This tour will take you past monuments, churches and noble buildings. Believed to be originally Illyrian, Bari was controlled by the Greeks and then, later, the Romans. During the Roman era, Bari was a connection between the coast roadway and the Via Traiana, and is thought to have been the main focal point of a fishery.
Experience the local museums and underground channels for a unique cultural immersion. Bari is divided into parts which include a modern area called "quarters", which was developed in 1820, and an ancient district, located on a peninsula to the north, which contains many beautiful Romanesque-Pugliese structures and churches, where you can relive history.
See the Basilica of Saint Nicholas and the crypt with 26 columns sporting capitals in Byzantine and Romanesque style, housing the remains of St. Nicholas.
Stop at the Museo del Succorpo della Cattedrale, A subterranean museum inside Bari cathedral where recent excavations have revealed remnants leftover from an ancient Christian basilica and various Roman ruins. These include parts of a 2nd-century Roman road, the floor mosaic from a 5th-century paleo Christian basilica featuring octopi, fish and plant motifs, and elements of a 9th century Byzantine church.
Next visit the Archeological Museum of Santa Scolastica where an entrance within an embrasure at the foot of the bastion leads to a route which allows you to observe part of the rich archaeological stratification of the site which ranges from the Bronze Age (2000 BC) to the Byzantine and Medieval eras, passing through the Greek and Roman periods. The remains of the old city walls, dating back to the end of the 4th century BC are among the most striking historical relics on display. It is also possible to see the ruins of a pre-historic village and a Peucetian and Greek burial ground.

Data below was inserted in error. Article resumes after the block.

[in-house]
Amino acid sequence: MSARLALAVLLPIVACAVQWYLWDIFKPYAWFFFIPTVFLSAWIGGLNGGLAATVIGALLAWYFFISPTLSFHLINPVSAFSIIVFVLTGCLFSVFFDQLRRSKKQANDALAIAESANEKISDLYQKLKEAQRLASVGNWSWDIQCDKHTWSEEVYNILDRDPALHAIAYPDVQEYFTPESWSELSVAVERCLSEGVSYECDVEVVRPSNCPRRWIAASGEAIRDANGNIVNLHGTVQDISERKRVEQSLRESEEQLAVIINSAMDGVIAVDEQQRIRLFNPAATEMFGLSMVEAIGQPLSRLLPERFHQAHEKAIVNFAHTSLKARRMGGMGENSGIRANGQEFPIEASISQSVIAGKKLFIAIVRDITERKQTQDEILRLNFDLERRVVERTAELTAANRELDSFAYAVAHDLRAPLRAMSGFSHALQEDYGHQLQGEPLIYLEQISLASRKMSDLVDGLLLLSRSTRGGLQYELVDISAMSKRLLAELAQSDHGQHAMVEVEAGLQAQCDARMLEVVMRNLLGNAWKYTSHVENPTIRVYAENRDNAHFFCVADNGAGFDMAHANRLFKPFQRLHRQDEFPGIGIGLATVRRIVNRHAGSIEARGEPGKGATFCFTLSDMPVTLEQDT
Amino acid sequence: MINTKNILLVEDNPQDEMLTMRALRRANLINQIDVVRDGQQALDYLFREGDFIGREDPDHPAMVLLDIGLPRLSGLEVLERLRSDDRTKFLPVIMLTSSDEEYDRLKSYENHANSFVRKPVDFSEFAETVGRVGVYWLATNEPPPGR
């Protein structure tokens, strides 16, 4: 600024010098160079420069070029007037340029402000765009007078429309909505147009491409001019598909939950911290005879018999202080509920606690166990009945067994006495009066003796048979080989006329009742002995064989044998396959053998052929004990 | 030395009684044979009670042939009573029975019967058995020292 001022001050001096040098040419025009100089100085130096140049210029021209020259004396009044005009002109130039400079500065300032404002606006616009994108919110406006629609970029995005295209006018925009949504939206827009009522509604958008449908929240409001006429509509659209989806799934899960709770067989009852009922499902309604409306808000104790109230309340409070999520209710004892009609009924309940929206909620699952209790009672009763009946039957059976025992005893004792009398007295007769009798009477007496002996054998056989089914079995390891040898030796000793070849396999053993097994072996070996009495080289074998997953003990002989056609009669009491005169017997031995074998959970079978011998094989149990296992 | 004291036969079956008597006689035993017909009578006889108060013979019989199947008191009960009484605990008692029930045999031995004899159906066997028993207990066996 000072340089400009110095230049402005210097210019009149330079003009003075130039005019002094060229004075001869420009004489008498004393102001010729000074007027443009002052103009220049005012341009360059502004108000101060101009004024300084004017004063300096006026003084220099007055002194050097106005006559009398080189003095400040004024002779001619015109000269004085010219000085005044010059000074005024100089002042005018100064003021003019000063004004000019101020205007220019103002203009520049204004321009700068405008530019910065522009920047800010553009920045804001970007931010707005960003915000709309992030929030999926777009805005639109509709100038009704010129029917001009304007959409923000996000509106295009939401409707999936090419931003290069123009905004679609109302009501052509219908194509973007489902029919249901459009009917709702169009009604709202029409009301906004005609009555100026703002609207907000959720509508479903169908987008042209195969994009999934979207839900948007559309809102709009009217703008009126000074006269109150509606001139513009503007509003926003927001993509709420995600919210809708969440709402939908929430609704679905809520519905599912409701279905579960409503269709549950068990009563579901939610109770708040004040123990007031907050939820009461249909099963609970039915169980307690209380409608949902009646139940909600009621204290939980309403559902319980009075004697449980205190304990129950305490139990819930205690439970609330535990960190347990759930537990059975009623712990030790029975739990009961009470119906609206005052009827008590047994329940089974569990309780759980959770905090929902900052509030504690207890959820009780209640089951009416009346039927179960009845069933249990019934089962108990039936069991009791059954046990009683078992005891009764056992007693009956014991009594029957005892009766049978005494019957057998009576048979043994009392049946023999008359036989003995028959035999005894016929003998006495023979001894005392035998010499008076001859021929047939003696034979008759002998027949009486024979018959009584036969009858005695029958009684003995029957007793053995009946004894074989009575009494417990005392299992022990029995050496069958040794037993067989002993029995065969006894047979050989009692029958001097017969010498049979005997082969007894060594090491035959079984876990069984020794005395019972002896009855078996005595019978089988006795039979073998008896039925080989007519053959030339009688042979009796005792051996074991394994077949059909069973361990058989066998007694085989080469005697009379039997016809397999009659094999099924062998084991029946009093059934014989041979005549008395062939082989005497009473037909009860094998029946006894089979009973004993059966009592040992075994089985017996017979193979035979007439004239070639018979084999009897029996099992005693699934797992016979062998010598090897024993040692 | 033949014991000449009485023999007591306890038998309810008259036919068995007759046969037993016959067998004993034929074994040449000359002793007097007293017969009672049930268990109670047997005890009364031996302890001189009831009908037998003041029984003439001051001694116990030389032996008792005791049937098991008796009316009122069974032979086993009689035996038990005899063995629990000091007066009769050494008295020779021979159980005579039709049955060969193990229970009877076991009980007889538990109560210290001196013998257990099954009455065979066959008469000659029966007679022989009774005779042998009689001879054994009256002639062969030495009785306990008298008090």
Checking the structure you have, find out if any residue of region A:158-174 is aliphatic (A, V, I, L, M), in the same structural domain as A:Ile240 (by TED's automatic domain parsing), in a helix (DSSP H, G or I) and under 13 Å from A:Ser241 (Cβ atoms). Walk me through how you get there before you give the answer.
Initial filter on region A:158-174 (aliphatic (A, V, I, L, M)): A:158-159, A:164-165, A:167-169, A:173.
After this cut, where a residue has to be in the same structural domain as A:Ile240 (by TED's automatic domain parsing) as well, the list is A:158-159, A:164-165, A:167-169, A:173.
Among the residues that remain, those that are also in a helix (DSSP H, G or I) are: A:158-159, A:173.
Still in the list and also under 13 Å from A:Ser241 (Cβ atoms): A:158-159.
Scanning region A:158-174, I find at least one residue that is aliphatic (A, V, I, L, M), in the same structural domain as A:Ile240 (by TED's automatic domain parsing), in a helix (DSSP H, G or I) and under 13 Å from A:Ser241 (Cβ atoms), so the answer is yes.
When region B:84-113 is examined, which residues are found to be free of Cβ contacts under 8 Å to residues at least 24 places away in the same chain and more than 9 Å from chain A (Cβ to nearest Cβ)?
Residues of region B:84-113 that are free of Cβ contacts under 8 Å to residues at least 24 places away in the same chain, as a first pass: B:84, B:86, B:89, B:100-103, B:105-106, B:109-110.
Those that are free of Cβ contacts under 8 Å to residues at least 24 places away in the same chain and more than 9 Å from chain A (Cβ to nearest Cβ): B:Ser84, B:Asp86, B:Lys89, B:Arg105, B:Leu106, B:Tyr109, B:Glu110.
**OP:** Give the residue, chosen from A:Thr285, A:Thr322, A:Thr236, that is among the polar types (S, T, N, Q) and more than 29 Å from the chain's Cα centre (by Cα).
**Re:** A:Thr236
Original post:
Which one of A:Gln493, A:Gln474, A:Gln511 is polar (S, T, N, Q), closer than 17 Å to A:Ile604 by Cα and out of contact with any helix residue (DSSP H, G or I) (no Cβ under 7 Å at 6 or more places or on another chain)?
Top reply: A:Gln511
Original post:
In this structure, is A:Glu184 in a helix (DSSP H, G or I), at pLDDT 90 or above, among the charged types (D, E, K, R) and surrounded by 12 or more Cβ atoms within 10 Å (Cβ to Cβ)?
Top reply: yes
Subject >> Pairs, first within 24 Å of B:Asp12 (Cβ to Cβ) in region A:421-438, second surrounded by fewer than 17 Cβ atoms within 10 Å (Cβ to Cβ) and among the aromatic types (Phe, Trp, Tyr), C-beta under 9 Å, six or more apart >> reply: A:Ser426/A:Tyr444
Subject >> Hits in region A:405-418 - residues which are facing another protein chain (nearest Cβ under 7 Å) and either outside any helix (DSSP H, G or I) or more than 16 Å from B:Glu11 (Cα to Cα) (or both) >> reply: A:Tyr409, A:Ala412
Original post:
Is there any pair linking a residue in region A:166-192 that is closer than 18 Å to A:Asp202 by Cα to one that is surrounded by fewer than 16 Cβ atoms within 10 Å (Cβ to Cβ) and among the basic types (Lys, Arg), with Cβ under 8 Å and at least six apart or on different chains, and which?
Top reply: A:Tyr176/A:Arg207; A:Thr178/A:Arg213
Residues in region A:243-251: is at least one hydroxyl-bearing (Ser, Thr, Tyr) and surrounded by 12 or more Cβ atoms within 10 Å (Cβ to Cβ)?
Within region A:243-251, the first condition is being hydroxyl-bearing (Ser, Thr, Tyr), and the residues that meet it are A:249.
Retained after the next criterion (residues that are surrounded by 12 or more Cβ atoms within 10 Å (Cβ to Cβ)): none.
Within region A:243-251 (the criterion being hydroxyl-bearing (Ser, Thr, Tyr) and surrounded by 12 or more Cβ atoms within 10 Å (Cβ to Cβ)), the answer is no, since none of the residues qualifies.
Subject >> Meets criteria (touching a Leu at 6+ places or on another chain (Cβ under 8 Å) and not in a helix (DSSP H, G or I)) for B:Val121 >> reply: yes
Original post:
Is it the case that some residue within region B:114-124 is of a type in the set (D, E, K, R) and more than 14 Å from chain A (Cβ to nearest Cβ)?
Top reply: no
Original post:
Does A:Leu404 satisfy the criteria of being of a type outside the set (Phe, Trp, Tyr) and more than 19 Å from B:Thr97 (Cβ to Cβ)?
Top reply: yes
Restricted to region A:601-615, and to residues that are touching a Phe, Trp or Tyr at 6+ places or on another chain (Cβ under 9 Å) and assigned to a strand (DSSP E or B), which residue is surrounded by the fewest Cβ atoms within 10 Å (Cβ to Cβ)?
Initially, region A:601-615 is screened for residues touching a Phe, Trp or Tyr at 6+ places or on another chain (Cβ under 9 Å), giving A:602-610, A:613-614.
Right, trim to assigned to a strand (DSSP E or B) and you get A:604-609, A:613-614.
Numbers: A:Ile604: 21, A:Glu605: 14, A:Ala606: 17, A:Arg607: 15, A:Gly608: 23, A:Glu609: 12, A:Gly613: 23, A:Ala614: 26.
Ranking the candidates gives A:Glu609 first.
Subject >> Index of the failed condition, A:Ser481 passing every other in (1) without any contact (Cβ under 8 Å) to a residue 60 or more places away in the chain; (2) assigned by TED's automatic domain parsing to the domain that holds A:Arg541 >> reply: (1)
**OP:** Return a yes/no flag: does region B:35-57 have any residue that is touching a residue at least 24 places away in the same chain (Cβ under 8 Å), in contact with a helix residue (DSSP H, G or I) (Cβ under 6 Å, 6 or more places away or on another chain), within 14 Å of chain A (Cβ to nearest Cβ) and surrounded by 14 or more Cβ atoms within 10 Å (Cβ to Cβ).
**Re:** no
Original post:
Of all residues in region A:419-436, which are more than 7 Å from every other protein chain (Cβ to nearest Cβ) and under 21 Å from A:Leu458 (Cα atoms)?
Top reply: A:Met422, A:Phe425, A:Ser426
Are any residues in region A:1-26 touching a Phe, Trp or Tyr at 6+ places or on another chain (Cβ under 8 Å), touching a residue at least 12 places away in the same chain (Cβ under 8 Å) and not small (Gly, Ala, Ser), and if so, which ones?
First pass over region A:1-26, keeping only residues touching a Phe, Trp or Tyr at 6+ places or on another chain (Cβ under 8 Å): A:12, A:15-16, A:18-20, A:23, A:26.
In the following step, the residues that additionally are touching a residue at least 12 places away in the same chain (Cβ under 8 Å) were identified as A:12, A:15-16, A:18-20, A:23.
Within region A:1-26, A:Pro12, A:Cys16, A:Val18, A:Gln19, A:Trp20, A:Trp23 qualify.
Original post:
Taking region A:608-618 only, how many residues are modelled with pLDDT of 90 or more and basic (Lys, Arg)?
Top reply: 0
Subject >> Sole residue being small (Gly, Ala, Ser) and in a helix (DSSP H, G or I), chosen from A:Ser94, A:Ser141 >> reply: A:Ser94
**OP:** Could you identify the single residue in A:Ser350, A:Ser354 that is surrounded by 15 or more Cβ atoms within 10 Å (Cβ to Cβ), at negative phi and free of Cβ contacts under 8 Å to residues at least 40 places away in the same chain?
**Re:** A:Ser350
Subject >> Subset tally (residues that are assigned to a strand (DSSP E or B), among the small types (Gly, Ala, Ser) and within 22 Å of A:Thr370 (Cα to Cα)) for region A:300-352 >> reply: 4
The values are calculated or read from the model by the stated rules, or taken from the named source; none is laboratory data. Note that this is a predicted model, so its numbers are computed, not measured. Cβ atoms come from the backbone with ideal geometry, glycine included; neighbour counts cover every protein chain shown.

Continue to the Swabian Castle, also known as the Castello Normanno-Svevo. The first castle on this site was likely built in the 1130s by a Norman King. The Normans ruled southern Italy starting in the early 11th century, taking the region from the Byzantines, but in 1156 the existing castle was destroyed when Byzantine troops re-took the city. Inside are monumental sculptures and other Puglian artifacts, and there are occasional special art exhibits on display.
Palazzo Simi, Simi Palace, now Bari's Archaeology Operations Centre, is of the Renaissance period sealing a dense and tight archaeological stratification both vertical and horizontal. The high-medieval and Romanesque period related masonry stratifications are visible in the basement of the building, built on the remains of a byzantine church.
Stop at the Civic Museum and view the prehistoric section with an interesting Paleo-Christian epigraph that evokes the atmosphere of the city from the Renaissance period to the present days.
Your tour ends discovering the modern French part of the city along the famous sea-side where you will see opera theaters and luxurious shopping boutiques and experience lively squares where a taste of local products is not to be missed.
Please Note: You will have the choice of visiting two of the listed museums. Minimum age to participate is 6 years old.